creating an electromagnetic field proximate the ducted surface upstream of the compressor, and with the electromagnetic field, accelerating the plasma contained in the boundary layer of the primary air flow to accelerate the slower moving fluid within lower regions of the boundary layer.
8. The method of claim 7, further comprising:
sensing characteristics of the primary air flow as it flows over the ducted surface; and
controlling the electromagnetic field in response to the characteristics sensed.
9. The method of claim 7, further comprising:
providing an anode in communication with the air flow downstream from the plasma generator, a cathode in fluid communication with the air flow downstream of the anode and upstream of the compressor, and a conductive connection between the cathode and anode;
collecting electrons with the anode; and
reinserting the electrons into the air flow from the cathode via the connection.
10. The method of claim 7, further comprising sequentially energizing the electrodes to create a traveling wave.
11. The method of claim 7, wherein the ducted surface is within the duct.
12. The method of claim 7, wherein the ducted surface is upstream of the duct.
13. A method to improve airflow within a flow inlet of a jet engine having a compressor for compressing the primary air flow, a combustion chamber downstream of the compressor wherein a combustible fuel is injected into air compressed by the compressor, and a turbine downstream of the combustion chamber for driving the compressor, the compressor, combustion chamber and turbine being located along a longitudinal axis, the method comprising:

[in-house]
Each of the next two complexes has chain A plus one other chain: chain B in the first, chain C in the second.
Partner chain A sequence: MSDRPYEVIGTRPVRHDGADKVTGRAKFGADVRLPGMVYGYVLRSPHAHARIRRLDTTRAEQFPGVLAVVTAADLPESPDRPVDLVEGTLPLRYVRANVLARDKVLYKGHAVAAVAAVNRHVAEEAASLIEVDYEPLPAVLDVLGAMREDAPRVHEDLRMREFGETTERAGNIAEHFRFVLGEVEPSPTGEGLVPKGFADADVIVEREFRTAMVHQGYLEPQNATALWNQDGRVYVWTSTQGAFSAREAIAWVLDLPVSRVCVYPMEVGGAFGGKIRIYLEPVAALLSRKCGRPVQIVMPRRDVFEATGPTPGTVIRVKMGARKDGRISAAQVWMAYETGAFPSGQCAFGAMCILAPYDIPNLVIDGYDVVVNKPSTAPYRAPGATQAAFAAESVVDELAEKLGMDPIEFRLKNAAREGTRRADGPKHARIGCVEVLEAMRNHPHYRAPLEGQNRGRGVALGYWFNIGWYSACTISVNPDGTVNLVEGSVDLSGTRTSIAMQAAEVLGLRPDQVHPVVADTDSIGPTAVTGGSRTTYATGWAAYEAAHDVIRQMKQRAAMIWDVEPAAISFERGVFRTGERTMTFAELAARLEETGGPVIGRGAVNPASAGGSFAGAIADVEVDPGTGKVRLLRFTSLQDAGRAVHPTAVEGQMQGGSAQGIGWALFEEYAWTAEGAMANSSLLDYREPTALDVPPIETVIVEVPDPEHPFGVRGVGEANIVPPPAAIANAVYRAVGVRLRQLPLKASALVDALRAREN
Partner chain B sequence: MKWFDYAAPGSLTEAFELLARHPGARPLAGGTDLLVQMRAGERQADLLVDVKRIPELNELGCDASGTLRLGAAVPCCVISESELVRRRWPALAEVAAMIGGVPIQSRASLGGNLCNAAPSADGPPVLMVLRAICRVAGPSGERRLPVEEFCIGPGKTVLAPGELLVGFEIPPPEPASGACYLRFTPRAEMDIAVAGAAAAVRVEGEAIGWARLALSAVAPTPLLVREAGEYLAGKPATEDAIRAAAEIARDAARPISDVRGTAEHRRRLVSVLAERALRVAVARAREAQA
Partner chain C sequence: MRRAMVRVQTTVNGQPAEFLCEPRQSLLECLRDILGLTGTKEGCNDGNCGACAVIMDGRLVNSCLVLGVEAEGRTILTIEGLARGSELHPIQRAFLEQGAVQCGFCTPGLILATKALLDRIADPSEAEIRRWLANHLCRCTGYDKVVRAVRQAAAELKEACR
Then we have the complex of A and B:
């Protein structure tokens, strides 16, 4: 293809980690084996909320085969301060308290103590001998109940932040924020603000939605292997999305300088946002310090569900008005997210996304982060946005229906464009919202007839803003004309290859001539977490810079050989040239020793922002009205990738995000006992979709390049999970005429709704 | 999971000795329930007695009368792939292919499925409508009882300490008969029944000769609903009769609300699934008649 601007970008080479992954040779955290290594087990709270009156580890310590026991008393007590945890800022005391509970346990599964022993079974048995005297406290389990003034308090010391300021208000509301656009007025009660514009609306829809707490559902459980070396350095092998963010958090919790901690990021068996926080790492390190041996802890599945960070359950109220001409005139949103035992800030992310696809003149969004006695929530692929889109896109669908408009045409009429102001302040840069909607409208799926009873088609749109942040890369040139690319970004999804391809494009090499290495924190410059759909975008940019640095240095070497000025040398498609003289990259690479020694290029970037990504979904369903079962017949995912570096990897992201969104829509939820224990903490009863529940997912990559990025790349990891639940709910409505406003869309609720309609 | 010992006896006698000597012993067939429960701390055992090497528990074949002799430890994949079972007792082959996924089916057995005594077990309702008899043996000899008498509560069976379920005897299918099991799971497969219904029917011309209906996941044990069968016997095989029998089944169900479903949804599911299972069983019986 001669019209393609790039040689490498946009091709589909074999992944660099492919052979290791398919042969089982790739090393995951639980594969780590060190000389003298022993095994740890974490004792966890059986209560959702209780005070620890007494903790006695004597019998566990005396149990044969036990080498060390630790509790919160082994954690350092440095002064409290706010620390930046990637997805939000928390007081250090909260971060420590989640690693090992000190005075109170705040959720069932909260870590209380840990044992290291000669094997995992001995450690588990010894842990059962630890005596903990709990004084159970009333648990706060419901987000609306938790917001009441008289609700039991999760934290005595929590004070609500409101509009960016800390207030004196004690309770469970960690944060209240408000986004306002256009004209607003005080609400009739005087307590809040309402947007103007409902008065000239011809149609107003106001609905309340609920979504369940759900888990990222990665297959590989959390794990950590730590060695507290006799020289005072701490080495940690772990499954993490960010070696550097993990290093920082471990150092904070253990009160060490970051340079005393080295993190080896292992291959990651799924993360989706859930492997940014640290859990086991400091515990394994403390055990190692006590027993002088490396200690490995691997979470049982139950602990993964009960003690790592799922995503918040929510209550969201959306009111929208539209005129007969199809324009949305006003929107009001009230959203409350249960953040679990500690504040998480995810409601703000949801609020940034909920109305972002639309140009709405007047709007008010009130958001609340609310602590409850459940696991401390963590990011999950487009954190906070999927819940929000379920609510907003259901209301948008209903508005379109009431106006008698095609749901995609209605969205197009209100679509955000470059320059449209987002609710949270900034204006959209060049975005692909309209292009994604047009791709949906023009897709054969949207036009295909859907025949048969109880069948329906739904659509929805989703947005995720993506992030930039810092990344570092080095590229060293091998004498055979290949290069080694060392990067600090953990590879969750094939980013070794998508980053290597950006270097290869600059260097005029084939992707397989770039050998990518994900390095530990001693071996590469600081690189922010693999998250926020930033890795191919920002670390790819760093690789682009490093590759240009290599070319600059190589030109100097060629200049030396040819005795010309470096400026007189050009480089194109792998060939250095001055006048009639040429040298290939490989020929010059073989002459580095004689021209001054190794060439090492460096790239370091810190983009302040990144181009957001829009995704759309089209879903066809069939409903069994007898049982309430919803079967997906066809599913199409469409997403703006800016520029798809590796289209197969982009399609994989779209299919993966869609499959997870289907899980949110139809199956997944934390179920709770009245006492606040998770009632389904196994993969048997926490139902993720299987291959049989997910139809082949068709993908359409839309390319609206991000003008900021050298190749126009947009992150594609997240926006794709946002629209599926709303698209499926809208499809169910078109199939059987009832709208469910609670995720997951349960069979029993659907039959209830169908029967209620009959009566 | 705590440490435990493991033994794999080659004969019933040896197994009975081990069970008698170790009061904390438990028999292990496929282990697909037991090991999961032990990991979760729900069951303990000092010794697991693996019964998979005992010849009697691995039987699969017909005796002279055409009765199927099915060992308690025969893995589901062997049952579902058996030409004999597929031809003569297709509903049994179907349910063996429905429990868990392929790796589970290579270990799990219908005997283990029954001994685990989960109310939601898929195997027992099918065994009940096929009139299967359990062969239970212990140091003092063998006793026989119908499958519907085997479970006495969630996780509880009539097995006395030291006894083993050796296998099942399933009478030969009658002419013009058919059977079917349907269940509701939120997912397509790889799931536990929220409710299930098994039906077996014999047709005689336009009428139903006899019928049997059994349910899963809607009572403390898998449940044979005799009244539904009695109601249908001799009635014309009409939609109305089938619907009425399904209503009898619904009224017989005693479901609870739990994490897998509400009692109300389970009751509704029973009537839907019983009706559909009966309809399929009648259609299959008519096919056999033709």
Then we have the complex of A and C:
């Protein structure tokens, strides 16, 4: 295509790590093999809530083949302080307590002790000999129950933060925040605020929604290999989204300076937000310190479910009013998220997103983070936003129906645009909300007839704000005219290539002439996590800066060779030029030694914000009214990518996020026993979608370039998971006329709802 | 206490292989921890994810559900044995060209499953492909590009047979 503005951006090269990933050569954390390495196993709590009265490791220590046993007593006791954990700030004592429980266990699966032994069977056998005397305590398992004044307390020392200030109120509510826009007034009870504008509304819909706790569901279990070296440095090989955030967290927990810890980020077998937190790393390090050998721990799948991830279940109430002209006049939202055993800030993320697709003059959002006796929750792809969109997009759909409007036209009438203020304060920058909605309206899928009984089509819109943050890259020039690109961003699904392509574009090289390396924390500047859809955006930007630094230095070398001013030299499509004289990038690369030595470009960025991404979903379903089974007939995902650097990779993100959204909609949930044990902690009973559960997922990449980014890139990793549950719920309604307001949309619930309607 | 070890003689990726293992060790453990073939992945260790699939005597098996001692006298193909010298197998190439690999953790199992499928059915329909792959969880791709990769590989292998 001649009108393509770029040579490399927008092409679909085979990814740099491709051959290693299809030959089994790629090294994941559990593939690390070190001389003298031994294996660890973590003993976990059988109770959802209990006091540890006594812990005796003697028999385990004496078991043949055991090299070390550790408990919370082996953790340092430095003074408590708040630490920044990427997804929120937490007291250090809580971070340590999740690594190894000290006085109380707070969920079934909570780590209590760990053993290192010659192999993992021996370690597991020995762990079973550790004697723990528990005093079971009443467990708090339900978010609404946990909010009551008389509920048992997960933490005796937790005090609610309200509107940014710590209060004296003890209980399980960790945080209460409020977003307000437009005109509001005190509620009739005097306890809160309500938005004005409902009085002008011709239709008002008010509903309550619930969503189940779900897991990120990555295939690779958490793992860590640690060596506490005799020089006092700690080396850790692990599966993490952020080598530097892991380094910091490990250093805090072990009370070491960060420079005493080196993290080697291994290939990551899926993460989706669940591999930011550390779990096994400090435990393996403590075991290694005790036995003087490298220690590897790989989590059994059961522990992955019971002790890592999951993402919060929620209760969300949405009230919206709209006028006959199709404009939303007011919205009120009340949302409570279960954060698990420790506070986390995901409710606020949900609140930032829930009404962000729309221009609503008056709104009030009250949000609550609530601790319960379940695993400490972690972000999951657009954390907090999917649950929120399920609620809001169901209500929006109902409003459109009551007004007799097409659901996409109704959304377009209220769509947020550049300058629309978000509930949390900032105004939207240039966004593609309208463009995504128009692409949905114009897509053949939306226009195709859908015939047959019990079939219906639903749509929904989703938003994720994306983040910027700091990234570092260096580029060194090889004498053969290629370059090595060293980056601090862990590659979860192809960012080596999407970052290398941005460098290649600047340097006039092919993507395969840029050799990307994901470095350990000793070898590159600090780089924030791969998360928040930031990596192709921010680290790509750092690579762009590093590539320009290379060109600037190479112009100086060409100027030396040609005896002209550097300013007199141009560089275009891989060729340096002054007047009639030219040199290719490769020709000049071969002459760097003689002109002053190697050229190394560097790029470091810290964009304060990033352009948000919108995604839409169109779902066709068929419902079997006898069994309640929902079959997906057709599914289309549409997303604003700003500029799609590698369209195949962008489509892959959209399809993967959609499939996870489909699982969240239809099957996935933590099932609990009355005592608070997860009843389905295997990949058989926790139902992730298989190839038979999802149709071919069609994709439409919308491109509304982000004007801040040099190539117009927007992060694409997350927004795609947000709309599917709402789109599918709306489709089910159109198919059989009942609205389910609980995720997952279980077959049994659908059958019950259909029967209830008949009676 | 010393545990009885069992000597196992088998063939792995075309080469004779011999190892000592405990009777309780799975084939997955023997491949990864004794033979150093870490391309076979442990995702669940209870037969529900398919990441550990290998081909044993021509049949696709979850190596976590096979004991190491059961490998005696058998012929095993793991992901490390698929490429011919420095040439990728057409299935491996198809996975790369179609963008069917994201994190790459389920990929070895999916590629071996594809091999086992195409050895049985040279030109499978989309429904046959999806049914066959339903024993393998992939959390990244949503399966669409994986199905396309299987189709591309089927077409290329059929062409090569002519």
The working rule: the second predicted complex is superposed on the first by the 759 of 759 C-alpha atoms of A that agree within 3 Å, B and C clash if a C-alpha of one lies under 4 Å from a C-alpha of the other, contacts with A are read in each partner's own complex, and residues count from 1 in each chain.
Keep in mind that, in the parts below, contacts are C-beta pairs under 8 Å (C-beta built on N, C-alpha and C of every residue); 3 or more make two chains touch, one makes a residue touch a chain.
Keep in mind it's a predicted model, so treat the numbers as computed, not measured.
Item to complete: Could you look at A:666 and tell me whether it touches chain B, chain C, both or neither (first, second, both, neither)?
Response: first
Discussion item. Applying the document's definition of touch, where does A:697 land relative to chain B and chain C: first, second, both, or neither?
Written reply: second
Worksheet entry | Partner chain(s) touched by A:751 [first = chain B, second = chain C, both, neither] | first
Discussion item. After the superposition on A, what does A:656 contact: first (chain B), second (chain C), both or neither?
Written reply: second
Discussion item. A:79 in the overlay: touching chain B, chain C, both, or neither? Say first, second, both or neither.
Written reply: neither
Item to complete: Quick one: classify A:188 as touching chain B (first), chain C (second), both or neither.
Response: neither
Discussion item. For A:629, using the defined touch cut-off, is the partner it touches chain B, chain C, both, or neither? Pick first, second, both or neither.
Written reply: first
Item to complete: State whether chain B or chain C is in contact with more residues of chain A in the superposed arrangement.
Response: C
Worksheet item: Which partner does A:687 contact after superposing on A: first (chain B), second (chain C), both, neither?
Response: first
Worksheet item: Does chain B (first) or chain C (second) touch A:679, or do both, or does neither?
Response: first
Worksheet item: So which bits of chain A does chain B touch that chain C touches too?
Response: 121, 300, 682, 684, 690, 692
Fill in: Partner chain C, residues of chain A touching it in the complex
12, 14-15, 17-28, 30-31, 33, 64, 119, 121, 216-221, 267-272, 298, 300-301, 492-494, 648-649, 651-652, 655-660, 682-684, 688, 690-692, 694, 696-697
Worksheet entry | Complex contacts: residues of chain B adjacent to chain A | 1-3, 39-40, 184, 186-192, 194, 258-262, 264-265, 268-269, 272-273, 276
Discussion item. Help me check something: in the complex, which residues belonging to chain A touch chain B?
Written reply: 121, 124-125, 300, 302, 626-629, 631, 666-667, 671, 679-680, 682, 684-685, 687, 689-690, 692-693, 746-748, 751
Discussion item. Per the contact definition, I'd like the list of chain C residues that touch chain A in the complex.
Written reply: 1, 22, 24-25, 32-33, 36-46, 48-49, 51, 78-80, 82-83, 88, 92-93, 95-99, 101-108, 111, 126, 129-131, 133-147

providing a duct having a flow inlet leading to the jet engine, a ducted surface upstream of the compressor, electrodes in the ducted surface, and magnets in the ducted surface adjacent and between the electrodes, the electrodes and the magnets being upstream of the compressor;
flowing the primary air flow into the flow inlet in a direction parallel with an axis of the jet engine and over the ducted surface, creating a boundary layer of slower moving air over the ducted surface;
with a plasma generator, creating a plasma in the primary air flow upstream of the electrodes and the magnets;
forming an electromagnetic field adjacent the ducted surface by energizing the electrodes;
with the electromagnetic field, accelerating the plasma, which accelerates the slower moving air in the boundary layer to reduce flow separation upstream of the compressor; and
sensing characteristics of the primary airflow over the ducted surface and controlling the plasma generator and the electrodes in response to the characteristics sensed.
Description
TECHNICAL FIELD OF THE INVENTION